While much of the talk was about whether New Orleans could win a big game — or any game, for that matter — on the road, the conversation in the Saints' locker room was about something completely different.
State health officials told thousands of doctors planning to attend a tropical diseases meeting this weekend in New Orleans to stay away if they have been to certain African countries or have had contact with an Ebola patient in the last 21 days.
Republicans are calling on Democratic Sen. Mary Landrieu to apologize after she suggested Thursday that President Barack Obama's deep unpopularity in the South is partly tied to race.
Compared to the rest of the country, Lafayette has it pretty good when it comes to the cost and speed of our Internet.
Hello Kitty turns 40; police ambush suspect caught; Knicks surprise Cavs and more national and international news for Friday, October 31, 2014.
Friday's Blogs from the Bog!
The Lafayette City-Parish Council will consider on Tuesday a revised plan to the transform a block in Downtown Lafayette into a mixed-use residential-retail-commercial development that doesn’t include giving title to the property to the Lafayette Public Trust Finance Authority, an arrangement the council rejected earlier this month.
Trying to combat the national undertones of Louisiana's U.S. Senate race, Democratic incumbent Mary Landrieu is traveling the state this week on a sort of pork celebration tour, telling voters about the projects and aid she's delivered to Louisiana.
Ever thought that big, pink Gulf coast shrimp you ordered at the restaurant or bought from the store didn't taste juicy or salty enough? Maybe it wasn't from the Gulf.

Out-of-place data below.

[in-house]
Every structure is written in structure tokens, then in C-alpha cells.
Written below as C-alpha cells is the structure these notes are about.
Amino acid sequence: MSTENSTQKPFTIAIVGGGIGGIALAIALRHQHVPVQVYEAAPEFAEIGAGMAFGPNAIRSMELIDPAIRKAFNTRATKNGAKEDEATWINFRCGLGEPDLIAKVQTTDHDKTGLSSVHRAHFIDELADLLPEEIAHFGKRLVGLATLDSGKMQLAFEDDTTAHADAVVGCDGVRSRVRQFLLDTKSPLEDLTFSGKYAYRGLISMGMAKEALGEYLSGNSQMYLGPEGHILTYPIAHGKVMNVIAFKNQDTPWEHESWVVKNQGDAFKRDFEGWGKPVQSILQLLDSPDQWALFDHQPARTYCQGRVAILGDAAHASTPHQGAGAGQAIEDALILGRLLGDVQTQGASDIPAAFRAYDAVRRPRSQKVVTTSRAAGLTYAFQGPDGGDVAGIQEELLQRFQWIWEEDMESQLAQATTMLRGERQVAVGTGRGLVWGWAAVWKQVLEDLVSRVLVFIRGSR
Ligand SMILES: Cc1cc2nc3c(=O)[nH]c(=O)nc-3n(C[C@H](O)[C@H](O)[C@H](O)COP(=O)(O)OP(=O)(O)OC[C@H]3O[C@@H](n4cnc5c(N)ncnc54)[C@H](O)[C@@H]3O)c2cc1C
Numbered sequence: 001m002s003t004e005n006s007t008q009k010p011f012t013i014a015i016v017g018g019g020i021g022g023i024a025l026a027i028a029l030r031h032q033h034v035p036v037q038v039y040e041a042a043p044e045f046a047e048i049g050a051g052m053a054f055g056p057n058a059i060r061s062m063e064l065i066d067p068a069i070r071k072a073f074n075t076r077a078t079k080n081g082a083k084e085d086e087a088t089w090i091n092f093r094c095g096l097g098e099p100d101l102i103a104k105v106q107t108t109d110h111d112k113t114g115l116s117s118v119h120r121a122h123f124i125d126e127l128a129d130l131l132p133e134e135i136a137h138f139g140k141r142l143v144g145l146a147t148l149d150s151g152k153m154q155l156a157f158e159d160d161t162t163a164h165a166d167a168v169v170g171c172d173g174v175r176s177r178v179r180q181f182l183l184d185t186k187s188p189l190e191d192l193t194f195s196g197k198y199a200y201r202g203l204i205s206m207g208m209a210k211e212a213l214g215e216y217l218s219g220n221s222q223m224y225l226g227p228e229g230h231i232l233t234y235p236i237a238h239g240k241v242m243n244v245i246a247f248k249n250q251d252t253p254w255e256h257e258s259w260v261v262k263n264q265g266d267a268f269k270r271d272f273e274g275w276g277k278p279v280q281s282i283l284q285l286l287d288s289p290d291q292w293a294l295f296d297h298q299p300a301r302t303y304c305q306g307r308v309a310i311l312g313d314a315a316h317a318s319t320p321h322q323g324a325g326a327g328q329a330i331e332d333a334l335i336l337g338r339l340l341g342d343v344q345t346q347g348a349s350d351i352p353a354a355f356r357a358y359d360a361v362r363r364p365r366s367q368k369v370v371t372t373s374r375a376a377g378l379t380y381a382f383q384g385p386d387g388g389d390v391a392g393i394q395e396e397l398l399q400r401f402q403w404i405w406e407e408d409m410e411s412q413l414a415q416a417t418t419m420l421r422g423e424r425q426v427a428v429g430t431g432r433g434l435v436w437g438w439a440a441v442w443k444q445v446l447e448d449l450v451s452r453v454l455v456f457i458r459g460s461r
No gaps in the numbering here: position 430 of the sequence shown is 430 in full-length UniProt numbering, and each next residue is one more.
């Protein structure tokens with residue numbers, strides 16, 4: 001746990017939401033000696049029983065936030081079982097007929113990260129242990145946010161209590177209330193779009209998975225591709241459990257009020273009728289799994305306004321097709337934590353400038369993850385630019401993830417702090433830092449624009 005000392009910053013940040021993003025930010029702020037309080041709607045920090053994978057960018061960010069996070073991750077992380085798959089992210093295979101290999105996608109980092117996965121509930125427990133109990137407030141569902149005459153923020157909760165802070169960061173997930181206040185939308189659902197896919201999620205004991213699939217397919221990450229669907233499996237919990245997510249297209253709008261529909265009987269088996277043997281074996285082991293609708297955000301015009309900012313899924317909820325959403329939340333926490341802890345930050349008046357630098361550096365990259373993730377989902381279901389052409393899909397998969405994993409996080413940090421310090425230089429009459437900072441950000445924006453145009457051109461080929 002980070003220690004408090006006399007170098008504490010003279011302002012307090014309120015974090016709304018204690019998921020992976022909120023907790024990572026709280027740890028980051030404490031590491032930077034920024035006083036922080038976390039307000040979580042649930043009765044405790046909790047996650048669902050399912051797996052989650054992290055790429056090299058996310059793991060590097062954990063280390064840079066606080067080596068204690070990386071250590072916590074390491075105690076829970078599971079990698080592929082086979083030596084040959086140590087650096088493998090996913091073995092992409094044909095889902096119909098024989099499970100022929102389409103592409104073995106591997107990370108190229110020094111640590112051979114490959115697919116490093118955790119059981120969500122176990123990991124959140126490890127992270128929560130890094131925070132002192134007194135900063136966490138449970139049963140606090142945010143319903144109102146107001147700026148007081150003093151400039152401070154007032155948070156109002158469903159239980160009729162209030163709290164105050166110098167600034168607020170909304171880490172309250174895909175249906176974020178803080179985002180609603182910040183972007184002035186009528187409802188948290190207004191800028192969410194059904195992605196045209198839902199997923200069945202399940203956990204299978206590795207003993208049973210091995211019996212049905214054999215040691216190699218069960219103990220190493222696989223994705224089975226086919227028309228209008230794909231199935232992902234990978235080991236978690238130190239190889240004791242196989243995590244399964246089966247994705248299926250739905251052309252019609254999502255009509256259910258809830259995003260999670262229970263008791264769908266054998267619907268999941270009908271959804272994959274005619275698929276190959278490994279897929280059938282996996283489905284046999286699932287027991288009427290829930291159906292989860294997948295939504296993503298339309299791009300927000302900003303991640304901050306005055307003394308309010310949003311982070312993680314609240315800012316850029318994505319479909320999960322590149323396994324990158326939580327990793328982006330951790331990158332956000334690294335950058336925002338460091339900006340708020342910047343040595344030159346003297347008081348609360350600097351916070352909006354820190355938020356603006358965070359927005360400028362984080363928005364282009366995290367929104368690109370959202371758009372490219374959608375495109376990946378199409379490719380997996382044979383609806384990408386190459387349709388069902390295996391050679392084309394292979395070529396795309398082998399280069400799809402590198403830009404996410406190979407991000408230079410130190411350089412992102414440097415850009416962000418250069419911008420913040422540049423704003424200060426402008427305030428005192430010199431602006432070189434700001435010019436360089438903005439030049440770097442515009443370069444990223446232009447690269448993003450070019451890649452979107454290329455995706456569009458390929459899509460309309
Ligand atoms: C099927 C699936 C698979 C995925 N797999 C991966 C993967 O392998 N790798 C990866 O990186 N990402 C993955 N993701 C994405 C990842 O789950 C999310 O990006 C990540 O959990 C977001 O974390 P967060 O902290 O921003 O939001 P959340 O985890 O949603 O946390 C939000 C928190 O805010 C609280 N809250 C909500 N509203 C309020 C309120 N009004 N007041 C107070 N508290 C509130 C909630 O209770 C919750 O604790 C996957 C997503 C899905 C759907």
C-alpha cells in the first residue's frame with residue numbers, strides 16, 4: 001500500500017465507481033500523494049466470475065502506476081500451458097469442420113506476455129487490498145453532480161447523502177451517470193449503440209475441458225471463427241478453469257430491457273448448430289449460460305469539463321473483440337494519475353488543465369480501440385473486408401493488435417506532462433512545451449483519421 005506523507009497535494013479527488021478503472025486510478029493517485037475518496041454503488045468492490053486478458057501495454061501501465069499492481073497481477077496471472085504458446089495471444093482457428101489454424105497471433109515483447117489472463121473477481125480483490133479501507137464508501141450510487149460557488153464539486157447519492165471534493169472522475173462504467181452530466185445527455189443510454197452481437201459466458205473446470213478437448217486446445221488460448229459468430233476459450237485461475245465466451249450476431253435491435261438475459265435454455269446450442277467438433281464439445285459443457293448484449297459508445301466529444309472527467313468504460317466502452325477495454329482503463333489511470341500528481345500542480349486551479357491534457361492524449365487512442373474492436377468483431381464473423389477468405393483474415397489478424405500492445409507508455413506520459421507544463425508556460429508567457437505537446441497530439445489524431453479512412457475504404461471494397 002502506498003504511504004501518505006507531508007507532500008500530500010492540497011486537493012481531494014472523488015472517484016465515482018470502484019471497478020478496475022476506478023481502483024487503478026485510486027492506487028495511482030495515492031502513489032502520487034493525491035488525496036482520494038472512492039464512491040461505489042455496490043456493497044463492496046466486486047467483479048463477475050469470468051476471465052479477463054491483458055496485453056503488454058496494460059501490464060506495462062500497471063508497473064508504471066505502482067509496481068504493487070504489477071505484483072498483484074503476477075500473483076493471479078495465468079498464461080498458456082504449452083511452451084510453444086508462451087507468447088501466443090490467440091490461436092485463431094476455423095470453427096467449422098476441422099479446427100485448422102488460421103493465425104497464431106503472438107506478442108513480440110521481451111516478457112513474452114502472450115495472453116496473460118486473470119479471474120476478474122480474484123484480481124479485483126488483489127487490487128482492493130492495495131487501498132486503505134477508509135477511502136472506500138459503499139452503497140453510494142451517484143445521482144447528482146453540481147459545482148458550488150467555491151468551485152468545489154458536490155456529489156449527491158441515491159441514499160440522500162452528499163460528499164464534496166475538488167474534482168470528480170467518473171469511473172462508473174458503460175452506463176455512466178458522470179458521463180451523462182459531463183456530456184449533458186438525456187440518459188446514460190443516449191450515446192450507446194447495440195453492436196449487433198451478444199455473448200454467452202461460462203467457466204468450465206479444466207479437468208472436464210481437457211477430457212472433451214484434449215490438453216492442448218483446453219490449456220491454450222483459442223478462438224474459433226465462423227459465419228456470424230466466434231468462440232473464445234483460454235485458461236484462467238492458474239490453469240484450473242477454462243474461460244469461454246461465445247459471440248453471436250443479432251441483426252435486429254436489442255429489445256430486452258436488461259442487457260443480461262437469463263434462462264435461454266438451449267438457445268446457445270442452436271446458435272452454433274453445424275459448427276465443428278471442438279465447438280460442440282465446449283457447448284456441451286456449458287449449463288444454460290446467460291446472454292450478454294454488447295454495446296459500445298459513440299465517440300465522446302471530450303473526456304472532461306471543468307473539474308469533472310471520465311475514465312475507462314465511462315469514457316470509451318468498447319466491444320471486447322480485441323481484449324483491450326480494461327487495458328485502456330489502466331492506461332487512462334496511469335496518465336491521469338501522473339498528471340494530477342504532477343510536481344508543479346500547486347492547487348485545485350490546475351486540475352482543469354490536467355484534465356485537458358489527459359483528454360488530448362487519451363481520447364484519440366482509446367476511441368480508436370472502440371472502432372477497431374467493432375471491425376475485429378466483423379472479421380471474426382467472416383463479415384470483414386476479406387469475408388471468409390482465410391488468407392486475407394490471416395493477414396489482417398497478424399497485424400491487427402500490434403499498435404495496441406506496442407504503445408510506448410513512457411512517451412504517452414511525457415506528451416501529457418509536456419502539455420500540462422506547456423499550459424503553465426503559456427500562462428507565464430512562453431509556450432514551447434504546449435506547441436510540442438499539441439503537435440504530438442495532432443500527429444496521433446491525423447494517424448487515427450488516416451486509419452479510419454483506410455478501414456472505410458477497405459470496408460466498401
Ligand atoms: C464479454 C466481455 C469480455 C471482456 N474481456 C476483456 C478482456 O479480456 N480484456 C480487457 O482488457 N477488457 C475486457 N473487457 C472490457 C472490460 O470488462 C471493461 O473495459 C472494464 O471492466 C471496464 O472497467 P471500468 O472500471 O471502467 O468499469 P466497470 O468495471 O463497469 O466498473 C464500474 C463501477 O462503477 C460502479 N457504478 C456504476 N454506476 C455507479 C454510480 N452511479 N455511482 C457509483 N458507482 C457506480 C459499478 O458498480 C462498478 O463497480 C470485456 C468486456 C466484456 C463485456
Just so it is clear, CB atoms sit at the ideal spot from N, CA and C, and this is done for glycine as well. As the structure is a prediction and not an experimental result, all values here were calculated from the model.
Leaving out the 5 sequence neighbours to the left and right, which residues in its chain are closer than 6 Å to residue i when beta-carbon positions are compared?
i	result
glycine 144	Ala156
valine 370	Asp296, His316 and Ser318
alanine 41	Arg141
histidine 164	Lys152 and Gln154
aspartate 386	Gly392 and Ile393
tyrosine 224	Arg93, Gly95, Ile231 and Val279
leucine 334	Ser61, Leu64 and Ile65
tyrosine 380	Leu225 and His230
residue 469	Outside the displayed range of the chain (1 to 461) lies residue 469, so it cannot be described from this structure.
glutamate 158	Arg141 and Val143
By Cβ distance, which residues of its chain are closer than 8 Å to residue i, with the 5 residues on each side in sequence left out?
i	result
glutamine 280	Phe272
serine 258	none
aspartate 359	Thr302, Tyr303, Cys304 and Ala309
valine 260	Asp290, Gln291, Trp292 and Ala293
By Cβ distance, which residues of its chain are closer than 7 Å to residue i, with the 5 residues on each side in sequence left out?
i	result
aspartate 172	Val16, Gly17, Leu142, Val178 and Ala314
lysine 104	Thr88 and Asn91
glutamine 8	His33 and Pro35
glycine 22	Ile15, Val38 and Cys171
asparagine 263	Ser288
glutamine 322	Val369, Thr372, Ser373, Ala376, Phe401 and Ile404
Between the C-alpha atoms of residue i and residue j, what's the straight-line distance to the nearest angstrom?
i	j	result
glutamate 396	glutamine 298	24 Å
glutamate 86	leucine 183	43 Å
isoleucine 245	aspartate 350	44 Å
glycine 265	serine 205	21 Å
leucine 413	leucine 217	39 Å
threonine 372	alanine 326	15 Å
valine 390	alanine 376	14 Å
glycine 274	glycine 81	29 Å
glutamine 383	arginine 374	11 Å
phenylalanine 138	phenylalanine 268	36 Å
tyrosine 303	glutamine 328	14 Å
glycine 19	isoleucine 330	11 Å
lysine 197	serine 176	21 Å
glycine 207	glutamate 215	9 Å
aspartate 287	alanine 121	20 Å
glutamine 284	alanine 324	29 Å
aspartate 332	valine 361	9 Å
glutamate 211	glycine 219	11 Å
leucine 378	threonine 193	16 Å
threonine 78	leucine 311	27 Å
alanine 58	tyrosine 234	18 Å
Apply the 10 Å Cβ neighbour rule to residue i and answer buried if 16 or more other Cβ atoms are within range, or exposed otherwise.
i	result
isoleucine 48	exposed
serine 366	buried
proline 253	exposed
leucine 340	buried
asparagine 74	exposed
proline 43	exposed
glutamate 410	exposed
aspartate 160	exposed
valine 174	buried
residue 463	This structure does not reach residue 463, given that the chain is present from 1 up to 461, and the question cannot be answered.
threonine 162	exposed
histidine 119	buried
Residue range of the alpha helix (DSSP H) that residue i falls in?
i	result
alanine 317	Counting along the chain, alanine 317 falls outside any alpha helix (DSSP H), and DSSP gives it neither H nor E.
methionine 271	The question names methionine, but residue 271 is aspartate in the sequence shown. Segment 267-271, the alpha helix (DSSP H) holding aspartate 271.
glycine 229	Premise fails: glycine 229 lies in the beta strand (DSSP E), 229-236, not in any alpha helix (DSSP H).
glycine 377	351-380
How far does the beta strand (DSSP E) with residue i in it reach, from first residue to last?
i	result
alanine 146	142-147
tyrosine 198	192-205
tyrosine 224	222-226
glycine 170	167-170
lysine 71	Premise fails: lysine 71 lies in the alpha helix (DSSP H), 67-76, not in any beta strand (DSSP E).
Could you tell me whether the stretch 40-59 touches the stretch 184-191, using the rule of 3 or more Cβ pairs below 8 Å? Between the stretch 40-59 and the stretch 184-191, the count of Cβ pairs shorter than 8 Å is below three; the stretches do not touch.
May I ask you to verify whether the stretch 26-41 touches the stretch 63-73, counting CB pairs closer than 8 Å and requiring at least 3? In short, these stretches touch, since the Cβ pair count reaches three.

The state treasurer won't sign financial documents needed for $200 million in borrowing or for a refinancing of existing debt until he believes they accurately explain the surplus disagreement.
Bill Cassidy voted for 97 percent of the bills signed by Barack Obama.
Louisiana Gov. Bobby Jindal is joining South Carolina Gov. Nikki Haley on her campaign bus tour.
A New Iberia man has been sentenced to life in prison for killing a 4-year-old girl and scalding her 3-year-old brother.
A district judge decided Wednesday against sanctioning attorney/school board candidate Dawn Morris for her behind-the-scenes role in a lawsuit against Mark Cockerham.
Secretary of State Tom Schedler says Gov. Bobby Jindal's administration may have improperly destroyed records in the state employee health insurance program, in the middle of a heavily-criticized rewrite of benefit plans.
Paper cites the former ADA's "experience as a prosecutor, his demonstrated integrity, and his ideas for reshaping the [DA's] office" in urging voters to support Keith Stutes Nov. 4.
Louisiana officials have sent a letter to the American Society of Tropical Medicine and Hygiene un-inviting members of the group who have recently been to ebola-affected West African countries from attending the group’s annual conference in New Orleans next week.
Drew Brees and the New Orleans Saints have to find a way to win on the road if they plan to take over first place in the NFC South.
"It is obvious that Louisiana economic performance has not outperformed the South or the United States as a whole and, in fact, has substantially underperformed..."
A state district judge said he will rule Friday on a preliminary injunction to keep some charter schools from receiving $60 million through Louisiana's public school financing formula.